Raw sewage and industrial waste are choking Lake Ulubat in the northwestern part of the country, according to professor Feza Karaer from Uluda? University, Today’s Zaman reported last week.
Karaer, an associate professor at the university’s department of environmental engineering, told the Anatolia news agency that Lake Ulubat’s water is under threat of pollution that has already decreased the number of fish species in the lake and might also affect bird life in the area.
The Ulubat basin, situated in the heavily industrialized Marmara province of Bursa, is considered a major wetland in Turkey. One of the breeding areas for the endangered Pygmy Cormorant, its shallow waters also host an extensive white water-lily population. Though the lake is included in the Ramsar Convention, which protects wetlands of international significance, it has changed much since Turkey first signed the Convention in 1994.
“The current size of the lake is not the same as it was in the 1980s and 1990s,” Karaer said. “There has been a considerable amount of shrinkage in recent years.”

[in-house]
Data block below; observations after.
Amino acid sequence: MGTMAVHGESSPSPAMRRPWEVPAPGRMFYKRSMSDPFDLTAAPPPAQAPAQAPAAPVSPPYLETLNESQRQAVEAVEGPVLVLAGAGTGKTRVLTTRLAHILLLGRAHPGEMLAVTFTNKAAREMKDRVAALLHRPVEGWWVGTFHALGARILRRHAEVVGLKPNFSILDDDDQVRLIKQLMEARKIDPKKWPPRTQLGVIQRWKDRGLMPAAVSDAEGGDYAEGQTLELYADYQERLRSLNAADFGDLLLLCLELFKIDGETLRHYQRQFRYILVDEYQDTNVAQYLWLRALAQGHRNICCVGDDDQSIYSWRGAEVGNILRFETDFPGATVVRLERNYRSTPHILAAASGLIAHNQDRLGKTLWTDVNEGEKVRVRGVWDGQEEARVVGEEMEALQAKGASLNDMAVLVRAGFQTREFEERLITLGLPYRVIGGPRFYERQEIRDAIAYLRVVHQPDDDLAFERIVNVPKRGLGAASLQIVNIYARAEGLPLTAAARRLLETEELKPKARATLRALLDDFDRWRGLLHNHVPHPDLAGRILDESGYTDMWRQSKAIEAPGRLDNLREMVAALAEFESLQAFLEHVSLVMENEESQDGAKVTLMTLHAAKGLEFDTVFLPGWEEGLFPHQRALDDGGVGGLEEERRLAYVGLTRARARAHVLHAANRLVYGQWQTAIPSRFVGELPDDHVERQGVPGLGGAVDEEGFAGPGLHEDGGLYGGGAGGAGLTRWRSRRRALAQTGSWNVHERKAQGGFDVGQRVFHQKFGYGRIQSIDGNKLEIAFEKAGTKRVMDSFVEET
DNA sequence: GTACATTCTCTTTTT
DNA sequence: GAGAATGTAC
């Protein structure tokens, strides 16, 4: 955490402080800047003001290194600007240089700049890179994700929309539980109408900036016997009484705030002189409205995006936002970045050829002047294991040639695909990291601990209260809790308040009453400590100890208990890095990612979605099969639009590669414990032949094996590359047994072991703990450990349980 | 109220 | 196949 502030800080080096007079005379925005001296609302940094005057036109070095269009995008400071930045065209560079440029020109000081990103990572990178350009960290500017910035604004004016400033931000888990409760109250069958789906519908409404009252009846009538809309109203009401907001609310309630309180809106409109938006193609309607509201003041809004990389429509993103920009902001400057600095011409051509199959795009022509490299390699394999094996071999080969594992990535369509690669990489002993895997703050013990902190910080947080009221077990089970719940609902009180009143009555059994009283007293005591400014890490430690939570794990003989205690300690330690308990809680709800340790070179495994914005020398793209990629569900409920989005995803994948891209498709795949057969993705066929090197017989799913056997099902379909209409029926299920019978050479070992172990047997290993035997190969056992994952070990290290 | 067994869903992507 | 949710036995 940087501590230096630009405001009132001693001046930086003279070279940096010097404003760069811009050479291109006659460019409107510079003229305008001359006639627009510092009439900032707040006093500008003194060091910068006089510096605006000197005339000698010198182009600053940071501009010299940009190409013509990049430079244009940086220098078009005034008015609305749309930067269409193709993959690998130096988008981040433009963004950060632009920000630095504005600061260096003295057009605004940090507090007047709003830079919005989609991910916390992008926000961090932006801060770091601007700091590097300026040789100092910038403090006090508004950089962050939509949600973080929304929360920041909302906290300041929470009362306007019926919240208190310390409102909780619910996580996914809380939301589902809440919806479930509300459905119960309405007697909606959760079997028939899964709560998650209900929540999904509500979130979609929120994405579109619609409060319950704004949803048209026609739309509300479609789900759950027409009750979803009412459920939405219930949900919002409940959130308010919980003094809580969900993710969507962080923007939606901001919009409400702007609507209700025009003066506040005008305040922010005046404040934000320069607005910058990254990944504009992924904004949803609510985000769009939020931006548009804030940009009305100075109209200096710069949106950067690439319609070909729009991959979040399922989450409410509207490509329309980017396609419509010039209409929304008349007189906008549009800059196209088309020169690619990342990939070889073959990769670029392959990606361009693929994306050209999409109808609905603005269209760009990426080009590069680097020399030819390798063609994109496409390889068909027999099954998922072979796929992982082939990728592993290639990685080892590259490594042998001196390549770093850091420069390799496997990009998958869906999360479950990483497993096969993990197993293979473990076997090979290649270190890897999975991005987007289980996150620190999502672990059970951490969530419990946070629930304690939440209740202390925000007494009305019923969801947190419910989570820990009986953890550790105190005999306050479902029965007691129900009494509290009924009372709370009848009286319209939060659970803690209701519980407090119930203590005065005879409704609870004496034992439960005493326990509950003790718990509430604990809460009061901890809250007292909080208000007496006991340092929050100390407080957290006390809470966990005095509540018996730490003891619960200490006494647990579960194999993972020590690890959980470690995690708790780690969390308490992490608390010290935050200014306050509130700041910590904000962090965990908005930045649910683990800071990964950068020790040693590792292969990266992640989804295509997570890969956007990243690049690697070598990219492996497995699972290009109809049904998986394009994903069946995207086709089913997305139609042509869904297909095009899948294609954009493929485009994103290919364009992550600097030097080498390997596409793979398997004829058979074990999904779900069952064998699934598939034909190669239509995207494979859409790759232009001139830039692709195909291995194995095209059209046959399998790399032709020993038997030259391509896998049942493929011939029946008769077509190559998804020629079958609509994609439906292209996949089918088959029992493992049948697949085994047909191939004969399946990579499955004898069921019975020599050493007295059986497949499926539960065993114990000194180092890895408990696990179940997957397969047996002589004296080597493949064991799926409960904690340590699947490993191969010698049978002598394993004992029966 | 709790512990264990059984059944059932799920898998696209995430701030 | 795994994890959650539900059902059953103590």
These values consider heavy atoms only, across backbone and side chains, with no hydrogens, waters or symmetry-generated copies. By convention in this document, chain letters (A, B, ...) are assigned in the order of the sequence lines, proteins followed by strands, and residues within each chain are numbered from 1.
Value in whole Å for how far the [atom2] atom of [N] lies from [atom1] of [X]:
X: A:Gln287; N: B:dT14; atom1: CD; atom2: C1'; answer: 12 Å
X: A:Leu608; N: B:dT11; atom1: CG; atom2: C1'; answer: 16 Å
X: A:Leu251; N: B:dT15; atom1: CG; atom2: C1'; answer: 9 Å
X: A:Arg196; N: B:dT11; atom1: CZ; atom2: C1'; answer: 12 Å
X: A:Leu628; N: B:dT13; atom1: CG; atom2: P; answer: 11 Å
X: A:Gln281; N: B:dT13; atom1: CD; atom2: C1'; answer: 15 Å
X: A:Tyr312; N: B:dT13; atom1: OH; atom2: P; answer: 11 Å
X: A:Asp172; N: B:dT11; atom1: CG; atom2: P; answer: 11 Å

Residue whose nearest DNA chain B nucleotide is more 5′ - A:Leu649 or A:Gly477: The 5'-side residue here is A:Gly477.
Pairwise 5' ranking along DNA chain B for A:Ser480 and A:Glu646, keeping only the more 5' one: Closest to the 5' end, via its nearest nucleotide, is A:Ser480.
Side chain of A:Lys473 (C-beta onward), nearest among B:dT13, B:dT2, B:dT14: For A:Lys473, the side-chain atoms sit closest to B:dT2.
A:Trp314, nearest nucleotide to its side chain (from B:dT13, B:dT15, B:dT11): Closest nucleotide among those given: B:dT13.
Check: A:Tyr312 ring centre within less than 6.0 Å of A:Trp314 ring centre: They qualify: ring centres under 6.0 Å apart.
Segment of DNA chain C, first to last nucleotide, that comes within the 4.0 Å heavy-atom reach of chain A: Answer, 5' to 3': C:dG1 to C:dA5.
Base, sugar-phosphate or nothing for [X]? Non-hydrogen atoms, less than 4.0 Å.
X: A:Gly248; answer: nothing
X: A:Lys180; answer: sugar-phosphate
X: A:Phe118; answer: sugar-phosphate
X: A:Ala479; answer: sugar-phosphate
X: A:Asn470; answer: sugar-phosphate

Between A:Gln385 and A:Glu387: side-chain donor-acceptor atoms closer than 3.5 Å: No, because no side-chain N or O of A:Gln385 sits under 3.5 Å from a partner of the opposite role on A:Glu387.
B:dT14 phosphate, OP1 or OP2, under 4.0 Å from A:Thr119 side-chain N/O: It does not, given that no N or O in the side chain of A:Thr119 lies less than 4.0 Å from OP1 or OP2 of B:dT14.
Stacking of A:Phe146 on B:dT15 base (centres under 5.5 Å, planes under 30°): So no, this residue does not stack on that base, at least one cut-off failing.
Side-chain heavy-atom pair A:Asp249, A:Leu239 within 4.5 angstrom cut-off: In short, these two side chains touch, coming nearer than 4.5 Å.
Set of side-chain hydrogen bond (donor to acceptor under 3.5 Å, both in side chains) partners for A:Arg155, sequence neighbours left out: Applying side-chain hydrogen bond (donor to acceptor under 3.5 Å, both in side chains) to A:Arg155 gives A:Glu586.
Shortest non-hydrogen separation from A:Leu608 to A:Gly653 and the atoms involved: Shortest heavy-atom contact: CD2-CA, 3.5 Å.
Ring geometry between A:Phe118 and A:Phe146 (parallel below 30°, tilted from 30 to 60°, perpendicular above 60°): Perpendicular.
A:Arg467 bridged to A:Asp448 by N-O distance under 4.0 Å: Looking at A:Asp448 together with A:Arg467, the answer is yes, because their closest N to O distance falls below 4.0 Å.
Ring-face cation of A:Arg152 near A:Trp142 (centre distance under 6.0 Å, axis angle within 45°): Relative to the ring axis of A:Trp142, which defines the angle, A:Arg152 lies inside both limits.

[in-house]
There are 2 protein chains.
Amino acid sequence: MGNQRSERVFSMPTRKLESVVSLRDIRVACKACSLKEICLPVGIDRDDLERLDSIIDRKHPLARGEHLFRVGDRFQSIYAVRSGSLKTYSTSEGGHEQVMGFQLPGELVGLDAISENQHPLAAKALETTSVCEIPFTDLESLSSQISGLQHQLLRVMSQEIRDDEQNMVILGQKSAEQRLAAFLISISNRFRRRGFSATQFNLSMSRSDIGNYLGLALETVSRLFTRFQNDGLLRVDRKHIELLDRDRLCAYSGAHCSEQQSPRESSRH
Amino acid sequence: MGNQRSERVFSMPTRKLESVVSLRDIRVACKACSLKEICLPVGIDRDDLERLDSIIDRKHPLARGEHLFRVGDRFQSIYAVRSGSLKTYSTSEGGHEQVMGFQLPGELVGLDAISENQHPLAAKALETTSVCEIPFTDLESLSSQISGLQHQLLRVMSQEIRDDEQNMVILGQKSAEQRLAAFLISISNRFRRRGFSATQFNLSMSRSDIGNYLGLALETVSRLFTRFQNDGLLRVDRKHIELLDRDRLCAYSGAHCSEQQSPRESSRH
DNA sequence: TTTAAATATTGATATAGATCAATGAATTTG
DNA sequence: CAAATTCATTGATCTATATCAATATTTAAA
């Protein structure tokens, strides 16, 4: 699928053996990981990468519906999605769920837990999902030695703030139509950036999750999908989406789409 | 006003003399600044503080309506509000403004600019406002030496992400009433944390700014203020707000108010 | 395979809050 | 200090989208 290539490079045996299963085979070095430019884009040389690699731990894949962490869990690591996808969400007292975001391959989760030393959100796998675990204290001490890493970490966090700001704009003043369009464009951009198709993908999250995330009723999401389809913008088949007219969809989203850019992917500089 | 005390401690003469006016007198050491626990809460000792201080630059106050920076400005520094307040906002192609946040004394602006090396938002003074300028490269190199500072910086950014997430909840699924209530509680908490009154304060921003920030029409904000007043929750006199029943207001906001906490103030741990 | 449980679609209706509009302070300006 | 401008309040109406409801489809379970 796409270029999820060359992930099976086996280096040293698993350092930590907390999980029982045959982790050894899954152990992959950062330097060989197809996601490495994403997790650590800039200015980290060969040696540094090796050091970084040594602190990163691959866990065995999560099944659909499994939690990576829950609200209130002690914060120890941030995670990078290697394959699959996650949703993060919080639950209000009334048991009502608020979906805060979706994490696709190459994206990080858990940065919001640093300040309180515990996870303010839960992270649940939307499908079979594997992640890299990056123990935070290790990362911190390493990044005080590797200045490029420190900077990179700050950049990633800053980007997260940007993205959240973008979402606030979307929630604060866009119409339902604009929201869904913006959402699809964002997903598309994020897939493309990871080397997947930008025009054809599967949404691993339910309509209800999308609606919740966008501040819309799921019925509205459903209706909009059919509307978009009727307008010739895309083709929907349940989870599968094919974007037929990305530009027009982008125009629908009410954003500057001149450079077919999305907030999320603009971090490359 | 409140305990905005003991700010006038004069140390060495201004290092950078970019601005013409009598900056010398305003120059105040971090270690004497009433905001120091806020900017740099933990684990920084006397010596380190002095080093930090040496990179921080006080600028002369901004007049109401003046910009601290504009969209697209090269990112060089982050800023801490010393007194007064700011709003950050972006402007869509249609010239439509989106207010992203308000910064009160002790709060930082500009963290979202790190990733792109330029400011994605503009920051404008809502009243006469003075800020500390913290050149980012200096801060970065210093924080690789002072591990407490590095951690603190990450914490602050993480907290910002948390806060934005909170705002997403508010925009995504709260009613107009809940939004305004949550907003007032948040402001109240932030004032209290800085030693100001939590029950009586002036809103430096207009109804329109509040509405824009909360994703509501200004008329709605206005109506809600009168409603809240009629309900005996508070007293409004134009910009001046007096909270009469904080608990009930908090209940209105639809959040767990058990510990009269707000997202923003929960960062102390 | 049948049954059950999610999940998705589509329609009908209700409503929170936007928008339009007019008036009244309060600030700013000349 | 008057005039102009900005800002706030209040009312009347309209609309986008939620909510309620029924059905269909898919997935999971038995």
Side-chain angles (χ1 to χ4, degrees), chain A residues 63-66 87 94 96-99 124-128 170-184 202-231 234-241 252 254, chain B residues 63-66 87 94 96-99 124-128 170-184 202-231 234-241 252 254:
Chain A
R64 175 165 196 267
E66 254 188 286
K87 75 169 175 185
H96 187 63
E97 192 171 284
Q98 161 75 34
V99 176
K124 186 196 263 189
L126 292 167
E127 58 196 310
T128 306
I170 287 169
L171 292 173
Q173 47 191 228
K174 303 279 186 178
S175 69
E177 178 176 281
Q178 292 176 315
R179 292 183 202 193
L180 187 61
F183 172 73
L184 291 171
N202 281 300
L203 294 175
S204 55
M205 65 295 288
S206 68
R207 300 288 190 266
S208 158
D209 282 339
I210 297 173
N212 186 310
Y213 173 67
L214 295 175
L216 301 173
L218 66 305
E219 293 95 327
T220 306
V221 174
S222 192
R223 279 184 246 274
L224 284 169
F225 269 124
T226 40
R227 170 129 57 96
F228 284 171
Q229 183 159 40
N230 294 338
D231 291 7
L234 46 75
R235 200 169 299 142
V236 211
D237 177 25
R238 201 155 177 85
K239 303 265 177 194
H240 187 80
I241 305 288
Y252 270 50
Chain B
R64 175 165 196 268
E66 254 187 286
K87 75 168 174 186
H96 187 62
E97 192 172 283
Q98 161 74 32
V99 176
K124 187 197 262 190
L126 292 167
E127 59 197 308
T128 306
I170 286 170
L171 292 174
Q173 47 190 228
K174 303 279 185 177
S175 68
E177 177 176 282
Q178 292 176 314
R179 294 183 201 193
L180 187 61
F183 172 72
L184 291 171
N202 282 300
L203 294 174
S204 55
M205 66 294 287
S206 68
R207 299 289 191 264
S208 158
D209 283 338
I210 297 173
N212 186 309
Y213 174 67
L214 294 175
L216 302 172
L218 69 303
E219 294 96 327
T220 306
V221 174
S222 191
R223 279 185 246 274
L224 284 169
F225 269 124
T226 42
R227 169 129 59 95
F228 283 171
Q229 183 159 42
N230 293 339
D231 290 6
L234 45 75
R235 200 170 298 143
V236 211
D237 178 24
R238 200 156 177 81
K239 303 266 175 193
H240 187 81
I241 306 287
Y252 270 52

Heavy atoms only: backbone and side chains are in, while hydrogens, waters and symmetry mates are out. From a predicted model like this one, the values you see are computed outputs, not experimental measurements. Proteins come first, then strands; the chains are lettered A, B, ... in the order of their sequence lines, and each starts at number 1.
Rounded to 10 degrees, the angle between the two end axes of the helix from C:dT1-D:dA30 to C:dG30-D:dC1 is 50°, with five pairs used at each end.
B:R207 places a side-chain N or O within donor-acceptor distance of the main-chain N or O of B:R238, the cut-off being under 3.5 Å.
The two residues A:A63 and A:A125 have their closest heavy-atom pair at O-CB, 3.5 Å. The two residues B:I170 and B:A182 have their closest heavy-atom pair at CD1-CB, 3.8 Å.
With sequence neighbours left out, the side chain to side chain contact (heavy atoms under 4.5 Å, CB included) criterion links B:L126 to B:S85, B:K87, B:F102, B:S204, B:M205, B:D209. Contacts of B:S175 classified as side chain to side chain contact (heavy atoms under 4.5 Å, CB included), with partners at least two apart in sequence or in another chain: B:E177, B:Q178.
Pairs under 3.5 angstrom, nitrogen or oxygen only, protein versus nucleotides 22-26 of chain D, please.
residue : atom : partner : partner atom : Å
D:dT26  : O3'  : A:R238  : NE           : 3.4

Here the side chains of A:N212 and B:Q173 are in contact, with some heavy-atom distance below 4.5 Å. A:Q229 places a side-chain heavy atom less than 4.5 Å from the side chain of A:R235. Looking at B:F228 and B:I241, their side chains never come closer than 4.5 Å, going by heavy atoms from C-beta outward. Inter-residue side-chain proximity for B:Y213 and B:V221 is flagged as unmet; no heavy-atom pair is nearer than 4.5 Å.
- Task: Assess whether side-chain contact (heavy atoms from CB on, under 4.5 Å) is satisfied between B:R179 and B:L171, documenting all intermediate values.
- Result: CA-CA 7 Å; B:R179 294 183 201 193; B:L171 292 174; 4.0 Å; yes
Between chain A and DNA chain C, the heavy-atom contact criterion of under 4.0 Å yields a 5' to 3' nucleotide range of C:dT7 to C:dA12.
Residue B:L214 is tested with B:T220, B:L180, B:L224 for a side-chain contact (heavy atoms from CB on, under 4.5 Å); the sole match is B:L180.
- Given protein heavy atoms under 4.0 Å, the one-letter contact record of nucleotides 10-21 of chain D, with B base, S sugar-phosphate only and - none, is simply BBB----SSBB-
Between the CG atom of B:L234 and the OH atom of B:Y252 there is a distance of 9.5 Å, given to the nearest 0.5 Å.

Lake Ulubat is not the only lake in Turkey that is losing water. According to a water report released by the European Environment Agency in March 2009, Lake Tuz in the arid Konya basin of central Turkey has now dried up completely. Lake Tuz –- the second largest lake in the country -– has become the most recent victim of the country’s chronic drought and agriculture extraction. The above image of Lake Tuz was taken in the summer of 2007.
Once home to thousands of flamingoes, Lake Tuz is now transforming into a salt basin. Numerous smaller lakes and wetlands in the Konya region have also ran dry in recent years, as groundwater sinks to increasingly lower levels.
, a Bulgaria native, is a Chicago-based reporter for Circle of Blue. She co-writes The Stream, a daily digest of international water news trends.
Interests: Europe, China, Environmental Policy, International Security.